MIT reserachers see blockchain-based decentralized frameworks as the next generation of the Internet; the economic disruption could be huge.
By Paula Klein
The next wave of the Web is rolling in and it’s massive.
Avatars simulating daily transactions in the metaverse may still be more typical in games than in real life right now, but a nascent Web3 for the distribution of goods and secure financial exchange is taking shape — and its potential for disruption is already being considered.
Next-generation internet technologies were described at the MIT IDE Annual Conference May 18 by researchers working in the newly formed IDE Web3 research group. Led by MIT Professor and IDE Director Sinan Aral, this group’s focus is decentralized technology architectures — most based on blockchain — that serve as the framework for economic models, currencies, and social interactions that break with the past.
Aral said that the group’s research won’t be led by hype but “will focus on how Web3 can make meaningful, long-term changes to the current internet that will impact finance, technology, and business strategies.”
The Internet as we know it isn’t being replaced anytime soon, but the pace of Web3 development is clearly accelerating, Aral said. IDE researchers are studying whether decades of established economic rules that shaped first and second-generation Internet models are still valid, and also how decentralized ecosystems can be more efficient and secure. Moreover, what will be the results of these highly disruptive changes? [Read more on Aral’s ideas on Web3 here.]
Postdoctoral Associate Harang Ju offered some Web3 basics during the conference. Fundamentally, he said, “decentralization is a key feature of blockchain networks allowing for distributed trust, open protocols, and consensus among participants.” However, he added, “decentralization can vary significantly across different blockchain networks,” and more investigation is necessary. [Read more about Web3 fundamentals here.]
Specifically, the biggest difference between Web3 and previous generations of the web is that users can own the rights to content in addition to reading it and writing it.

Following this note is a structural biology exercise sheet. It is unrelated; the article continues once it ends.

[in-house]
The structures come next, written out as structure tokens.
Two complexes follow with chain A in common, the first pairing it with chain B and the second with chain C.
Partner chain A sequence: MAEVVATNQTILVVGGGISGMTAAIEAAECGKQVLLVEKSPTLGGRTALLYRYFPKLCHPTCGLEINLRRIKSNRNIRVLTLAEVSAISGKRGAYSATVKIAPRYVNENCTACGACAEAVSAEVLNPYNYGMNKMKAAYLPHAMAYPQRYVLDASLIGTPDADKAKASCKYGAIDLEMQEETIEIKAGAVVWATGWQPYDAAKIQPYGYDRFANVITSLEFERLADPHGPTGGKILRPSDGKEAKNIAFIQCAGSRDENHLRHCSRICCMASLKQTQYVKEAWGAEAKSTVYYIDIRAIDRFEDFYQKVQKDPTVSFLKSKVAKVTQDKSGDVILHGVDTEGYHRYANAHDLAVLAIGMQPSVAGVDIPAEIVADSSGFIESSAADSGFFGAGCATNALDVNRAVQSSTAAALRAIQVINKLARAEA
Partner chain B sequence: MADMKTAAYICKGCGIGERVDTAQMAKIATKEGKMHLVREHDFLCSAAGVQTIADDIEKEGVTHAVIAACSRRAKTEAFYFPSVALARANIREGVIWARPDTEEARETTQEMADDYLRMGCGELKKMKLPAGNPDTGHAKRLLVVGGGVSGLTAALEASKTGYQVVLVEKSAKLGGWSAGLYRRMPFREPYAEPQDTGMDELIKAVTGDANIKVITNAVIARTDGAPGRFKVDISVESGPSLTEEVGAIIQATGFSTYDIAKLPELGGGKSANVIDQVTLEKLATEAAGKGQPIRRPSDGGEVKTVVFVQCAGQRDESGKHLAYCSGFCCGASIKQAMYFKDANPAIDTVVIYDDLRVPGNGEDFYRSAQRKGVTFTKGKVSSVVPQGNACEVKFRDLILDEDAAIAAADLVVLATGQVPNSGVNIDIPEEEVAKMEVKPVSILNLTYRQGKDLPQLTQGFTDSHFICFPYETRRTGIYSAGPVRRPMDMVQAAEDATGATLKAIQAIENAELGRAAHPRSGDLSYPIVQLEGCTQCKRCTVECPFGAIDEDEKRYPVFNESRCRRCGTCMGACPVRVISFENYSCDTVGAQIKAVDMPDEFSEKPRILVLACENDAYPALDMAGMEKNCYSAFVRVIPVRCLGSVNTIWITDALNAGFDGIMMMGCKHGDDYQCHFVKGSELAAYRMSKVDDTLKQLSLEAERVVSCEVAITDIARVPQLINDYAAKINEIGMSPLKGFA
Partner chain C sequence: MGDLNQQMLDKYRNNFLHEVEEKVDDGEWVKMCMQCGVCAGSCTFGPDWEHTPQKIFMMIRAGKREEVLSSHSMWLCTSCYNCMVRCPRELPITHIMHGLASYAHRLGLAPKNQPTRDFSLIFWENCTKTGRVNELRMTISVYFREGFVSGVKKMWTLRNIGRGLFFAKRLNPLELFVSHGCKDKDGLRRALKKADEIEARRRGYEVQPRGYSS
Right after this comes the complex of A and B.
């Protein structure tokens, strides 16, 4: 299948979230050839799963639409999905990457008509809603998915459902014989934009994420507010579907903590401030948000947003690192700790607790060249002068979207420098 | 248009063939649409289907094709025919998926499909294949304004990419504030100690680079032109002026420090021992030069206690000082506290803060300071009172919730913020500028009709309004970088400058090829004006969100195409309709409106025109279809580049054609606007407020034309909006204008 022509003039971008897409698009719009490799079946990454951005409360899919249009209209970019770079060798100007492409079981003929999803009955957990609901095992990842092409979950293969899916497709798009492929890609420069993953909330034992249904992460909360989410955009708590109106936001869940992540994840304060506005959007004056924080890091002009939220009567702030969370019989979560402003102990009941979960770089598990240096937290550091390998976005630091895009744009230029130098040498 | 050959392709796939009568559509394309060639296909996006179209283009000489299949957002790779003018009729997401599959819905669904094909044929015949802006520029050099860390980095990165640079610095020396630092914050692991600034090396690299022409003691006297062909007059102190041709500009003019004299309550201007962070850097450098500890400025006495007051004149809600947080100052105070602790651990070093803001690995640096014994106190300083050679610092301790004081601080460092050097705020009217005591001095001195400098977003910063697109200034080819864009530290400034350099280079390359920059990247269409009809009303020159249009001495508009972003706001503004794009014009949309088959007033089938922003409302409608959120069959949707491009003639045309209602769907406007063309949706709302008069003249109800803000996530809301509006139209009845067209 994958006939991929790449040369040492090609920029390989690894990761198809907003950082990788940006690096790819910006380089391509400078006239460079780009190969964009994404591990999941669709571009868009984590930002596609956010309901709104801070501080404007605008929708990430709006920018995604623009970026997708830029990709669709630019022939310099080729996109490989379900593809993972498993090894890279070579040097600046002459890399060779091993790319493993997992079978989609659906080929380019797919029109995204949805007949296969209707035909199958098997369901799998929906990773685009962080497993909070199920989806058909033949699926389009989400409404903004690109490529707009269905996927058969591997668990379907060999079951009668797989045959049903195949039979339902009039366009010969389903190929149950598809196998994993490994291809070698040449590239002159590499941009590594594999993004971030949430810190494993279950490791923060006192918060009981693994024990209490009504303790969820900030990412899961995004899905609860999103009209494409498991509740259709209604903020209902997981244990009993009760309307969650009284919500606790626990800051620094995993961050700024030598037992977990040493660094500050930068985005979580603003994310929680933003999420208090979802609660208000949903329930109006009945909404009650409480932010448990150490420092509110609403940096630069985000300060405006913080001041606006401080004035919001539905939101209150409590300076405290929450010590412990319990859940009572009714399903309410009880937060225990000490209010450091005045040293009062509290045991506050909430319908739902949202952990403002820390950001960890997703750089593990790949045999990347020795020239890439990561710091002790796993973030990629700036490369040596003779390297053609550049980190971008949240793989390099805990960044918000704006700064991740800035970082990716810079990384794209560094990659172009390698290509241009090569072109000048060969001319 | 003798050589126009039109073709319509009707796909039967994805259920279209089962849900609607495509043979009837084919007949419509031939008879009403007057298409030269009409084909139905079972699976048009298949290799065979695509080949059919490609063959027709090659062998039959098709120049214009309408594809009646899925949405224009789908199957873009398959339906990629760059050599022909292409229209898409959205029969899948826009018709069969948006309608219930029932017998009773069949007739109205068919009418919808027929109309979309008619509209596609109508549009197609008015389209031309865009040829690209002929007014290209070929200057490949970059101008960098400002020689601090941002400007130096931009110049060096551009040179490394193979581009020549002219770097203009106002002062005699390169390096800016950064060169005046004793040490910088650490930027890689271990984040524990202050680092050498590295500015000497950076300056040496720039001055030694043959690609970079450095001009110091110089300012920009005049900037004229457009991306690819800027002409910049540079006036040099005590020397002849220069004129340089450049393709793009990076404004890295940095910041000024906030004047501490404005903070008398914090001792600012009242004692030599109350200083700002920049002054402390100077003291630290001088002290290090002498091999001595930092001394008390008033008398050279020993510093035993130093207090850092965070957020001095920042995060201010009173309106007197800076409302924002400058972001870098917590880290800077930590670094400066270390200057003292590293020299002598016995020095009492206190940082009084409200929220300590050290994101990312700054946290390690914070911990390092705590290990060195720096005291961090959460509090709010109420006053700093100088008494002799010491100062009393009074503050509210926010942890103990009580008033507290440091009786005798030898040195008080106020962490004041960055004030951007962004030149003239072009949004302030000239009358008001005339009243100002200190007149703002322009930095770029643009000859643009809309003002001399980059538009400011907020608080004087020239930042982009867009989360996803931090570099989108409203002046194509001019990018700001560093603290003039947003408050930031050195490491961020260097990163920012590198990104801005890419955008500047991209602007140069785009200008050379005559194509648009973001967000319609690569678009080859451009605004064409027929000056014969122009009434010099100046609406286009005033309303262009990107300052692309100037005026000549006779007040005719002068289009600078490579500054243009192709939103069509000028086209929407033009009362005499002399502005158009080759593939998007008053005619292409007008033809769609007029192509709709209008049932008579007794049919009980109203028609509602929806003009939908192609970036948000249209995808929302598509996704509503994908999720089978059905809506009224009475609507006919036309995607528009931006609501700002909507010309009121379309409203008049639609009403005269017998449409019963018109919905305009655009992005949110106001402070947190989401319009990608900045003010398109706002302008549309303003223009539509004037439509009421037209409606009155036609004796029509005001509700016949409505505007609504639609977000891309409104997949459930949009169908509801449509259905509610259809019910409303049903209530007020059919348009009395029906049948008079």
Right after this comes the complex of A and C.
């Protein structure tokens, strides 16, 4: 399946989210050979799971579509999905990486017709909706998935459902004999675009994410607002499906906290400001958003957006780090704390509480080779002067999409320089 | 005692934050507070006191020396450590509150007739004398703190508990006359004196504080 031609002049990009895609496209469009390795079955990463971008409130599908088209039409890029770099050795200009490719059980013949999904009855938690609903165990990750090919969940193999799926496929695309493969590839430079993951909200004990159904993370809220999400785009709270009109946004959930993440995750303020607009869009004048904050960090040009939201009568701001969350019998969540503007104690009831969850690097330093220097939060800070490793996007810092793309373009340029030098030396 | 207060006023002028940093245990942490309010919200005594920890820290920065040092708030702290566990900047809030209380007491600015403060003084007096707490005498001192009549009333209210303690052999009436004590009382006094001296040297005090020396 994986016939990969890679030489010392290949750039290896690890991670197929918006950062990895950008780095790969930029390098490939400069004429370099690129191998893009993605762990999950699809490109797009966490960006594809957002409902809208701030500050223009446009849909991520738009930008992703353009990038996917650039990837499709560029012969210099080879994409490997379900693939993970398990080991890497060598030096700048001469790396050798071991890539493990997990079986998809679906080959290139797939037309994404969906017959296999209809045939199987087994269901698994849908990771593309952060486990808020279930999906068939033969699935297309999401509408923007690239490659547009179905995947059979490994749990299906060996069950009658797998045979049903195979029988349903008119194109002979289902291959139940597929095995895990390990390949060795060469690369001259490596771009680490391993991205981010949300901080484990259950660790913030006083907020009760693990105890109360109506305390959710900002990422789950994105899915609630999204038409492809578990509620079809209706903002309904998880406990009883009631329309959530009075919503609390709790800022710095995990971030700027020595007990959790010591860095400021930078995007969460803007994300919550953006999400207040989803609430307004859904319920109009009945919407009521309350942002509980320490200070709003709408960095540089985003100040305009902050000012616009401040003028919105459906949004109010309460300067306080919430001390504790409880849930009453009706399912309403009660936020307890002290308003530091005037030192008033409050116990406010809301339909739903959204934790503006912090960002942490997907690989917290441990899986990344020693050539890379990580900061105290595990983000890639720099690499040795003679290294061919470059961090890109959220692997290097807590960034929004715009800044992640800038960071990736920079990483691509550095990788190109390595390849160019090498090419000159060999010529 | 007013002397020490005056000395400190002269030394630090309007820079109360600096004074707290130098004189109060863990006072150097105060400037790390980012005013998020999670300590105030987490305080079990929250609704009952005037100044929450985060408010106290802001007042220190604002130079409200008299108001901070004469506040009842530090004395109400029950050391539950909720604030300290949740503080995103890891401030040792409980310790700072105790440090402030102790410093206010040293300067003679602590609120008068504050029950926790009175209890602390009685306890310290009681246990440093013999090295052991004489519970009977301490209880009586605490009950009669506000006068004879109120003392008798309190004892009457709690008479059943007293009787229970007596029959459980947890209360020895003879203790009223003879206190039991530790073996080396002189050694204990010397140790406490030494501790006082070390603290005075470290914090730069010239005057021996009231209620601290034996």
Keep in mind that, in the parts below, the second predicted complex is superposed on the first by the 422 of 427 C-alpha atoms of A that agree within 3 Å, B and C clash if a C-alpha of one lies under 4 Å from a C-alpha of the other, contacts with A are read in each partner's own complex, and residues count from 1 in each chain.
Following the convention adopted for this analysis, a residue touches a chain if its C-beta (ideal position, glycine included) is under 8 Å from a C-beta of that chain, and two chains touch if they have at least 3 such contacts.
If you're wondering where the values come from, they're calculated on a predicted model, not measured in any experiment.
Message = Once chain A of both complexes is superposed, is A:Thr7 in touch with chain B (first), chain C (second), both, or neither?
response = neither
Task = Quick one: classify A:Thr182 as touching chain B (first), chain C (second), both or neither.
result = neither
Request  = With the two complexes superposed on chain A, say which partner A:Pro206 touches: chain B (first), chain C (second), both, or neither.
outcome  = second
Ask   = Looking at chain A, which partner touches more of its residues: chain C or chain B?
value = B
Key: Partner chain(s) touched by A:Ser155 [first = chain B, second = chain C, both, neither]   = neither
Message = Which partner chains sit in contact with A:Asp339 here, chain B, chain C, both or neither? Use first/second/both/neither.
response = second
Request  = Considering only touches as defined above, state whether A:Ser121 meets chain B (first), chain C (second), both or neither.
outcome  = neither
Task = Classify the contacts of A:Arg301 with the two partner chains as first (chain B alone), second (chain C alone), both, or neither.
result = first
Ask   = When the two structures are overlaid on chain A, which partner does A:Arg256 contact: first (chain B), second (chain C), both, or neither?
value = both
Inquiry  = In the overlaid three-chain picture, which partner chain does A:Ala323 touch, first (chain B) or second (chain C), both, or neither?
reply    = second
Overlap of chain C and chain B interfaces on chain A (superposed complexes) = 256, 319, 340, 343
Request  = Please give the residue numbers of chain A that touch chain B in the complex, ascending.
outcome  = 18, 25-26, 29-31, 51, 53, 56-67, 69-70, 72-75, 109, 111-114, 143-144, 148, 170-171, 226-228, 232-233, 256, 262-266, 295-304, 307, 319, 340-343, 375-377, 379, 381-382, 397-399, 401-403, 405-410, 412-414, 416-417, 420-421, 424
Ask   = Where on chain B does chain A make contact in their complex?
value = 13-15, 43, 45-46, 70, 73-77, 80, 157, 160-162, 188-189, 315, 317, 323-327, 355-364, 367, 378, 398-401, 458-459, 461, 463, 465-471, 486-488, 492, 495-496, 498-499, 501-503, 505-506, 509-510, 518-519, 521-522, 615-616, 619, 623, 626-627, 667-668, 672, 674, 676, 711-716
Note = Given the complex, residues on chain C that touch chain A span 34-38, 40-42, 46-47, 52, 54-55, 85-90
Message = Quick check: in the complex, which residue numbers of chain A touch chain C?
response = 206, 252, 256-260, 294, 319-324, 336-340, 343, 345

Moreover, they can own digital assets and currency “natively” on the Internet without intermediaries. For instance, Ju said, payments and currencies can be exchanged or traded without central banks or services like Venmo. Instead, blockchain technologies and ledgers keep track of transactions providing individual access and security. Ultimately, this will lead to a decentralized finance (DeFi) that includes tokenization, such as non-fungible tokens (NFTs).
Ju and other IDE researchers maintain that today’s centralized networks are actually less secure and more vulnerable to hacks than Web3 designs that have no single point of failure.
Certainly, in these early years there are many caveats to watch and examine. Among Ju’s projects is creation of a real-time dashboard to monitor the state of Web3 fluctuations such as market swings, ownership changes, and blockchain design.
Another IDE Postdoctoral Researcher, Madhav Kumar, also emphasized how dramatically the digital economy has transformed in the last decade and how digital ownership is evolving. Kumar noted that as we transition from Web2 to Web3, we need to revisit long-held economic principles and assumptions, too.